Whether you're looking to boost your business or tackle temporary cash hiccups, small business loans can be your trusted sidekick to keeping your business sailing through turbulent waters. But before you lift anchor, remember that knowing the lay of the land is essential for success. When it comes to browsing finance options, doing your own research and knowing about some key financial jargon can help you demystify the world of small business loans.
Curious to know more about the nitty gritty of funding your business? Being well-versed with the following financial jargons can be a good starting point –
Collateral is an asset pledged to secure a loan. It provides a lender with a form of guarantee, reducing the risk. In business finance, collateral could be real estate, inventory, or equipment, serving as a safety net for the lender in case of default.
A credit score is a numerical representation of a borrower's creditworthiness. In the context of a business loan, a higher credit score enhances the chances of approval and may result in more favourable terms, reflecting the borrower's ability to manage debt responsibly.
The interest rate is the cost of borrowing money, expressed as a percentage. In business finance, the interest rate significantly influences the overall loan cost. Lower rates mean less expensive financing, positively impacting a company's financial health.
The maturity date is the date when a loan must be repaid in full. For businesses, understanding the maturity date is essential for planning and ensuring sufficient funds are available to meet the repayment obligation.
Term refers to the duration of a loan agreement. In business finance, loan terms vary, and selecting an appropriate term is crucial. Shorter terms may have higher payments but lower overall costs, while longer terms provide more flexibility but may accrue more interest.
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APR represents the total cost of borrowing on an annual basis, including the interest and other charges. It provides borrowers with a standardized measure to compare loan offers. Understanding the APR is crucial to assess the true cost incurred from a business loan over time.
Amortization refers to the gradual repayment of a loan through scheduled, periodic payments. It calculates both principal and interest as paid over the loan tenure. For businesses, understanding amortization helps in budgeting and planning for consistent loan repayments.
Cash flow represents the movement of money in and out of a business. Lenders often assess a company's cash flow to evaluate its ability to stick to loan obligations. A positive cash flow indicates good financial health and enhances the prospects of a loan approval for your business.
A co-signer is an individual who agrees to be responsible for a loan if the primary borrower defaults. In business loans, having a co-signer can strengthen your application. This is even more helpful if the business has limited credit history or financial standing.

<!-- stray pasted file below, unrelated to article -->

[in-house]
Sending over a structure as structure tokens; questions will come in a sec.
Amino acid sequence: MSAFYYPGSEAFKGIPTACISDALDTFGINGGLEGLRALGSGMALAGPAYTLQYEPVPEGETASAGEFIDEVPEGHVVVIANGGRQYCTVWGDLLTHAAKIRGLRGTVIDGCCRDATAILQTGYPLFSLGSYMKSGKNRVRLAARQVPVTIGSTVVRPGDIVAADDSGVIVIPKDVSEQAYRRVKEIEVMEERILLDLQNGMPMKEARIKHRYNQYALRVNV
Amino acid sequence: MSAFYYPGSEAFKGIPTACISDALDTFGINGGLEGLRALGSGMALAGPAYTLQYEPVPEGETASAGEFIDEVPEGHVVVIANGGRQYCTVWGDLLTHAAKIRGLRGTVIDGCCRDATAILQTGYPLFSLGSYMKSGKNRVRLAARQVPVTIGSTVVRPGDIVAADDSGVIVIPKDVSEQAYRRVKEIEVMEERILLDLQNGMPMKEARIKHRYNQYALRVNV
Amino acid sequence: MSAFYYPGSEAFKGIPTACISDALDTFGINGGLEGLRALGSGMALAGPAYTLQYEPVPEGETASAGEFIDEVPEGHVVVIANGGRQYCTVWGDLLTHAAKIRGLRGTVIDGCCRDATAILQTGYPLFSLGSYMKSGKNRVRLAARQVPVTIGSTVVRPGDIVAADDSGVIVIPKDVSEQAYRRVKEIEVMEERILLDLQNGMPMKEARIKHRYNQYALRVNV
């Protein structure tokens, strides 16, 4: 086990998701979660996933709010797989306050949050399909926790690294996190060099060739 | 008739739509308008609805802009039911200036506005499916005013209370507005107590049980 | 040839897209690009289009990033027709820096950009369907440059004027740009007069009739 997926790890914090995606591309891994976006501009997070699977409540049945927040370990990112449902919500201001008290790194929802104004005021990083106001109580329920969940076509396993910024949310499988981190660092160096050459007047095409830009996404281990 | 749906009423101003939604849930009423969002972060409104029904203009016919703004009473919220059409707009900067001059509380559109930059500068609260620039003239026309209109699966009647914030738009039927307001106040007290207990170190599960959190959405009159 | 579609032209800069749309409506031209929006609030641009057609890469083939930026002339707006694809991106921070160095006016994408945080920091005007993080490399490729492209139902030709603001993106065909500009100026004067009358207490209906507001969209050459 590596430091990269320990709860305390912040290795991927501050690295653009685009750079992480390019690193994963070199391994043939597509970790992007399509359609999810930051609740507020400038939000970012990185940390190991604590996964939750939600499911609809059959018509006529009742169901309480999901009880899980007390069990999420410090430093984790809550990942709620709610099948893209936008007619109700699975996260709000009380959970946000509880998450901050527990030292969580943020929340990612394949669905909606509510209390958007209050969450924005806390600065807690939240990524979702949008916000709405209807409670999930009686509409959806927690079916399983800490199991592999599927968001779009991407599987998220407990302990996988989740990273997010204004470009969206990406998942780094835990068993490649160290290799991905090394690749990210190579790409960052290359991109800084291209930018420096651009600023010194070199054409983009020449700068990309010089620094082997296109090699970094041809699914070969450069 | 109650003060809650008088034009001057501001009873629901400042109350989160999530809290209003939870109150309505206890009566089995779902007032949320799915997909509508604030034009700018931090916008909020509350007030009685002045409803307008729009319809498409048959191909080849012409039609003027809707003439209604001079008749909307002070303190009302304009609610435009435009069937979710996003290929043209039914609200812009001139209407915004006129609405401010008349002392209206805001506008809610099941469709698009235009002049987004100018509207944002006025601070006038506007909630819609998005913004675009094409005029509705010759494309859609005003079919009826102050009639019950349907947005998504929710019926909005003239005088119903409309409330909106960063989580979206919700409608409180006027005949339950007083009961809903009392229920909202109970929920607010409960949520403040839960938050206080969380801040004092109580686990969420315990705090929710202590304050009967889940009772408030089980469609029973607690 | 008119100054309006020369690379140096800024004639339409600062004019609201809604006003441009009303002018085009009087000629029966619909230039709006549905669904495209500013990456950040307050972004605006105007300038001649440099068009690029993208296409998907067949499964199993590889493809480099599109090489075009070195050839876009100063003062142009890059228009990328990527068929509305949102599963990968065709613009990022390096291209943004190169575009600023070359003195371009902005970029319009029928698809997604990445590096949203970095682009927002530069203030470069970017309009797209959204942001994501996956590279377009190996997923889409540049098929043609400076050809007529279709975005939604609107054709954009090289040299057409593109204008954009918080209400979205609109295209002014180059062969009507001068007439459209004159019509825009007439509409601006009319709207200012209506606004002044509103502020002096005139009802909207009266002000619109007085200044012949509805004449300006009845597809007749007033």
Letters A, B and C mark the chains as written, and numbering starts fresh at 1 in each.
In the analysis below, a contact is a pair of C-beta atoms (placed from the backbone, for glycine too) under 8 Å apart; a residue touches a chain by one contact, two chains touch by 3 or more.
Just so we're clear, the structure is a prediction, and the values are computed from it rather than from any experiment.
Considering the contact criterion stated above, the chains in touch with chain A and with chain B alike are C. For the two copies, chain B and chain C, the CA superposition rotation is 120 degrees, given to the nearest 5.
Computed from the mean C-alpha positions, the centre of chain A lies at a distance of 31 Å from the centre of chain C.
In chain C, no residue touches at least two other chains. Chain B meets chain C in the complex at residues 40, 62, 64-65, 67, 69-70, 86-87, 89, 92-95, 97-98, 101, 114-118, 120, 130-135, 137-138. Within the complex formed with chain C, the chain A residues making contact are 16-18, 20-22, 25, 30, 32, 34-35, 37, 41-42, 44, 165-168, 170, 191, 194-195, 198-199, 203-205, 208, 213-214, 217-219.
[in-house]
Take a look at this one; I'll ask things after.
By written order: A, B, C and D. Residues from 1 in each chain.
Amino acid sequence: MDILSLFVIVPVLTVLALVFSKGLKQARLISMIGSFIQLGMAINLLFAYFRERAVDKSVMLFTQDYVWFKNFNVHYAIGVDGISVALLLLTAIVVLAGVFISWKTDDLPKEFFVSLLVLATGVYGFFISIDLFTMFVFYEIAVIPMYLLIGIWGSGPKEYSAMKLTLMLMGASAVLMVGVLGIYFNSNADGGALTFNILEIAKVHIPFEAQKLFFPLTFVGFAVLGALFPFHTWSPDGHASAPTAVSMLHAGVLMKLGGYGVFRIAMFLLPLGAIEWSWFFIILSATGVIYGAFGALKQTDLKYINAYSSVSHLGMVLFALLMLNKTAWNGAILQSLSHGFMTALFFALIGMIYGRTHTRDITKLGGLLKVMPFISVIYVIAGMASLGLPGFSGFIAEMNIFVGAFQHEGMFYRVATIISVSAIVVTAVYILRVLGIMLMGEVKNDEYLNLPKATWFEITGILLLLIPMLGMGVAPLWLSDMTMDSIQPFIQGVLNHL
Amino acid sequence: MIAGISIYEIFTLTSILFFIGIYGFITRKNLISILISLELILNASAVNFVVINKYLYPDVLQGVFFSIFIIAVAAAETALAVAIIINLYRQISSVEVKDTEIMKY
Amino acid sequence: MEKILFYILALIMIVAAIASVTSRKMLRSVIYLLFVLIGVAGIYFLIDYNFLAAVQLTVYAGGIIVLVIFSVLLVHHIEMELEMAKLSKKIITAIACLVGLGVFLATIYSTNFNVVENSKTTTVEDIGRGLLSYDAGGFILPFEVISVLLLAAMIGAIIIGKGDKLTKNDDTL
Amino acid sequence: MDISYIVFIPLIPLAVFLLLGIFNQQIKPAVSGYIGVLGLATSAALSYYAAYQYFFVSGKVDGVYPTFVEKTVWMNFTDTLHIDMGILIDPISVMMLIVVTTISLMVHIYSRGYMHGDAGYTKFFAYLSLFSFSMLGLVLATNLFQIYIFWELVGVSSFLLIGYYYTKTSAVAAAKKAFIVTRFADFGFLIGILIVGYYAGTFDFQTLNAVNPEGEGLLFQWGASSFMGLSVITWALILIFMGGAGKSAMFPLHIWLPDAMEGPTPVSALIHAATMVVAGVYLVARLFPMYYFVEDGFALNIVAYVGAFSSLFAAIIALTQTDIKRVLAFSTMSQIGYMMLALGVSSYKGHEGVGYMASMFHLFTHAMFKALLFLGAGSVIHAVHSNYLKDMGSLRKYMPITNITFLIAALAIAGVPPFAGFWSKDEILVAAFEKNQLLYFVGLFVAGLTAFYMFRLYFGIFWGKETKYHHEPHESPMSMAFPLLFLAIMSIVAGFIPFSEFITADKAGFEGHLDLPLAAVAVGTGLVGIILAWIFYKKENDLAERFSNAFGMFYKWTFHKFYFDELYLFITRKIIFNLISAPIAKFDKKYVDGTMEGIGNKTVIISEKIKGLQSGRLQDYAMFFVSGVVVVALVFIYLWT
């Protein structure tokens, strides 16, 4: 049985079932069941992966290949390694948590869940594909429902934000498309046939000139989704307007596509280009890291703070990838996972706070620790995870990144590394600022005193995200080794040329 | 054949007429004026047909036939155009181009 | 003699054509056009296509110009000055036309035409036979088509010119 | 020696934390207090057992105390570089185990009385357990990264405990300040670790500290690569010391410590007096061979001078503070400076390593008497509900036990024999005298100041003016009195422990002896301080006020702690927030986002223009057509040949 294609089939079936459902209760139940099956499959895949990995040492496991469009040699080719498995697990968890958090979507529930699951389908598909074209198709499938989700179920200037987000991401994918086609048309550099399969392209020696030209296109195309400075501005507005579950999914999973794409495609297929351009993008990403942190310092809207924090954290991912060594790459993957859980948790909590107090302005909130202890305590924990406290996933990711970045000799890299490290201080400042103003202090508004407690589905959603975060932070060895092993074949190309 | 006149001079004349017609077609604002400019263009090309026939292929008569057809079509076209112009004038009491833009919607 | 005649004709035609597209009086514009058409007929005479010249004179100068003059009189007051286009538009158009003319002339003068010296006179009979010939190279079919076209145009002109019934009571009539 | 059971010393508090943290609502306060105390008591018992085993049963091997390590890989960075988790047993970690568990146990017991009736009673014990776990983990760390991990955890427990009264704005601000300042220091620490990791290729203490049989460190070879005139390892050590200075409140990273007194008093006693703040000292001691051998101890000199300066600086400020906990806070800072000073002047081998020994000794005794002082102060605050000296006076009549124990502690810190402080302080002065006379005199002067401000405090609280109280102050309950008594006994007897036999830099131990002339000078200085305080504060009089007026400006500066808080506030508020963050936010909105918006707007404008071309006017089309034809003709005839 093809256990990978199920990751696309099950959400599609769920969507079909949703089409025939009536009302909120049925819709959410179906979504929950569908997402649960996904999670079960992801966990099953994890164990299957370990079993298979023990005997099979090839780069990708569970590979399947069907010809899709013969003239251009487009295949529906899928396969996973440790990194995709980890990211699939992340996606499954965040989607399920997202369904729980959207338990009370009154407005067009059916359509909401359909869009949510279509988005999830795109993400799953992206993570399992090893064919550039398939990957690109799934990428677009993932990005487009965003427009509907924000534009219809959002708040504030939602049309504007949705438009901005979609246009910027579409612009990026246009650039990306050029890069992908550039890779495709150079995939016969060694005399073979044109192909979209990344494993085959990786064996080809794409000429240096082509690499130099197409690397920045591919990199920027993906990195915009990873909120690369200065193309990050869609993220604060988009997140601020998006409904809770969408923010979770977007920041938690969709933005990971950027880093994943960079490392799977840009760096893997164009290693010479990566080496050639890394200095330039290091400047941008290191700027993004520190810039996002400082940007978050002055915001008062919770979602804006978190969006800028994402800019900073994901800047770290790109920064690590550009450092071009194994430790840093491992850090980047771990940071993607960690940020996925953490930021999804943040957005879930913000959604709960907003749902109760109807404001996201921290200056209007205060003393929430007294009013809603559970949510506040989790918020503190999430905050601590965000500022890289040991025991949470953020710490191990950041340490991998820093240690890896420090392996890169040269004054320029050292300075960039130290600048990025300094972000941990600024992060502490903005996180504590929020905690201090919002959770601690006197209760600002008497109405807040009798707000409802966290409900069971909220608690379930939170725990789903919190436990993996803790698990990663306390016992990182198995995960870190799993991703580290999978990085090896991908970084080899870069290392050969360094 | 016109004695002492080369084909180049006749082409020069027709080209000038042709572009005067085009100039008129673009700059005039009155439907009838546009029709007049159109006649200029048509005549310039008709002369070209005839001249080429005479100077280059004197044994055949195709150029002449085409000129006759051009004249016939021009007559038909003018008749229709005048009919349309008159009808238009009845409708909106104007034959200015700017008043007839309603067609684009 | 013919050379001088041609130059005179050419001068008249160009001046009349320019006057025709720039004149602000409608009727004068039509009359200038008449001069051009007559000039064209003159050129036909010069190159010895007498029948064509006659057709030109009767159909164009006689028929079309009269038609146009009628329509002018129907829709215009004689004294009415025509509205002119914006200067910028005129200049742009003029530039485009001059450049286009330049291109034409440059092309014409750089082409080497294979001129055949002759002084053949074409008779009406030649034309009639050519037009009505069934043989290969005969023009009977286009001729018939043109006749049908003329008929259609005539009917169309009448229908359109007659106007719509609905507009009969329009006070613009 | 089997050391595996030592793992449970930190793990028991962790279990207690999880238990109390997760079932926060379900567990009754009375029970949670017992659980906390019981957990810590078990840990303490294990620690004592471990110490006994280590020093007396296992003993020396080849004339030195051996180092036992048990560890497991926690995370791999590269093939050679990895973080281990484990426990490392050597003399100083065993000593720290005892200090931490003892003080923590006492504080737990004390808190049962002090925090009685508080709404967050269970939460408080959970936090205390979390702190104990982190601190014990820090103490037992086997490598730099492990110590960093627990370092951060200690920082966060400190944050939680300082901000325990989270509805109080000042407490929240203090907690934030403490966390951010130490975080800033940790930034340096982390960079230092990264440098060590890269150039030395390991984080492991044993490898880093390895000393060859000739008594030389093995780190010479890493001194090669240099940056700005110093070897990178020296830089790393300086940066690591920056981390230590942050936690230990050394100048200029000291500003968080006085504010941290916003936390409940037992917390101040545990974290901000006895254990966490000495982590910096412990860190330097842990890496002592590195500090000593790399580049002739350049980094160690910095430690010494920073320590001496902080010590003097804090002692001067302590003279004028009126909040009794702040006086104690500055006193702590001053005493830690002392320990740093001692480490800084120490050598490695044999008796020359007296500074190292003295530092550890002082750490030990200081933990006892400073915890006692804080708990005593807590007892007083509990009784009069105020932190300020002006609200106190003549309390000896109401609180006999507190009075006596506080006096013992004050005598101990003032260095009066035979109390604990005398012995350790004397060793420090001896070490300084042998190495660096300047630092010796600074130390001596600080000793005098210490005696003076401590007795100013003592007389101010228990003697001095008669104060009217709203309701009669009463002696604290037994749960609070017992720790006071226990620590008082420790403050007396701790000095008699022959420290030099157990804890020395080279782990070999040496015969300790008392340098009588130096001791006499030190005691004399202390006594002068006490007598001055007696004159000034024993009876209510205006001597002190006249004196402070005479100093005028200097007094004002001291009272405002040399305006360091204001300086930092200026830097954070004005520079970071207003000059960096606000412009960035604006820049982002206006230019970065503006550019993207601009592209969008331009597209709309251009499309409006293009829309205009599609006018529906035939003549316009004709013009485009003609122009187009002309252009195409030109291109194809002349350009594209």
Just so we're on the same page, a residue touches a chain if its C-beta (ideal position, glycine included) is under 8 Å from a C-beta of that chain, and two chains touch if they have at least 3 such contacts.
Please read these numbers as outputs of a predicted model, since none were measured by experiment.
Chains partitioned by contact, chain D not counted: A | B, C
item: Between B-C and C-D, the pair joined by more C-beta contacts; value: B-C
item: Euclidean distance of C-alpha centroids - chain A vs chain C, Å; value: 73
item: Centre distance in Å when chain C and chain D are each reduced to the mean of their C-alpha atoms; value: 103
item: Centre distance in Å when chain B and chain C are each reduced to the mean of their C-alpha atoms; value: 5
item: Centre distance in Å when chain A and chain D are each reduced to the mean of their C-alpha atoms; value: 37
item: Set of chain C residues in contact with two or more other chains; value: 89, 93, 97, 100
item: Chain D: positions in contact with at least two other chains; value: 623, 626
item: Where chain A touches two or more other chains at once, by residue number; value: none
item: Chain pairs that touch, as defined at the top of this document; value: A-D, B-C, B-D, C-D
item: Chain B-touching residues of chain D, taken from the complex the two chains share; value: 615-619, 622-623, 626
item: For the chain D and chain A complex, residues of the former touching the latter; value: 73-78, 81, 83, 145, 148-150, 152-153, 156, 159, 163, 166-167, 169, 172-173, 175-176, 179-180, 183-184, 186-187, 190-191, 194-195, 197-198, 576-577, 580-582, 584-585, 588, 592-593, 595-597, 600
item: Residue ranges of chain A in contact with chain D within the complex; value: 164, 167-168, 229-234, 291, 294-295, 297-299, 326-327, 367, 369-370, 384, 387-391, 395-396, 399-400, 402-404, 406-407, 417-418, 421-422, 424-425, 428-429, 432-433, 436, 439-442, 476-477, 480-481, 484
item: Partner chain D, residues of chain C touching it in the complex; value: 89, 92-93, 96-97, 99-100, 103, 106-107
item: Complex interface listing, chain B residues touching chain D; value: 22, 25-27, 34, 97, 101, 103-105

The debt-to-equity ratio measures a company's proportion of debt to equity. Lenders use this ratio to assess risk. Although it varies across industries, a balanced ratio of less than 2.0 is essential for a healthy financial structure when seeking a business loan. Try to avoid excessive debt as it may indicate financial strain.
Equity financing involves raising capital by selling ownership stakes in a company. For business loans, having a healthy equity position can positively impact loan approval and terms, since it highlights the business's financial stability.
The FICO score is a credit scoring system commonly used by lenders. For business loans, a higher FICO score indicates lower credit risk and vice versa. Maintaining a good FICO score is essential for obtaining favourable loan terms and interest rates.
This fee includes the administrative costs of processing a loan application. For businesses, understanding the loan origination fee is crucial as it adds to one’s overall cost of borrowing. This, in turn, affects the effective interest and total repayment amount.
A balance sheet provides a summary of a company's financial position, showing assets, liabilities, and equity. Lenders tend to review balance sheets to assess a business's financial health when considering a loan application.
A line of credit is a flexible borrowing arrangement that allows a business to access funds up to a predetermined limit, thus benefiting from financial flexibility. Businesses use it to manage cash flow fluctuations and address short-term financing needs.
A P&L statement summarizes a company's revenues, costs, and expenses over a specific period. Lenders review P&L statements to assess a business's profitability and financial performance when evaluating loan applications.
Term loans are a common type of business loan with a fixed repayment schedule. Businesses use term loans for various purposes, from capital expansion to buying equipment. The fixed terms make budgeting and financial planning more predictable for borrowers.
Now that you're acquainted with these fundamental financial terms, the next step is to find a trustworthy lender for your business journey. Look no beyond the business loans available on Bajaj Markets! These loans offer amounts up to ₹50 Lakhs, with easy EMI options and tenures spanning up to 72 months. As a bonus, you can apply with minimal paperwork and without any collateral. Launch yourself closer to your business goals with a Business Loan on Bajaj Markets!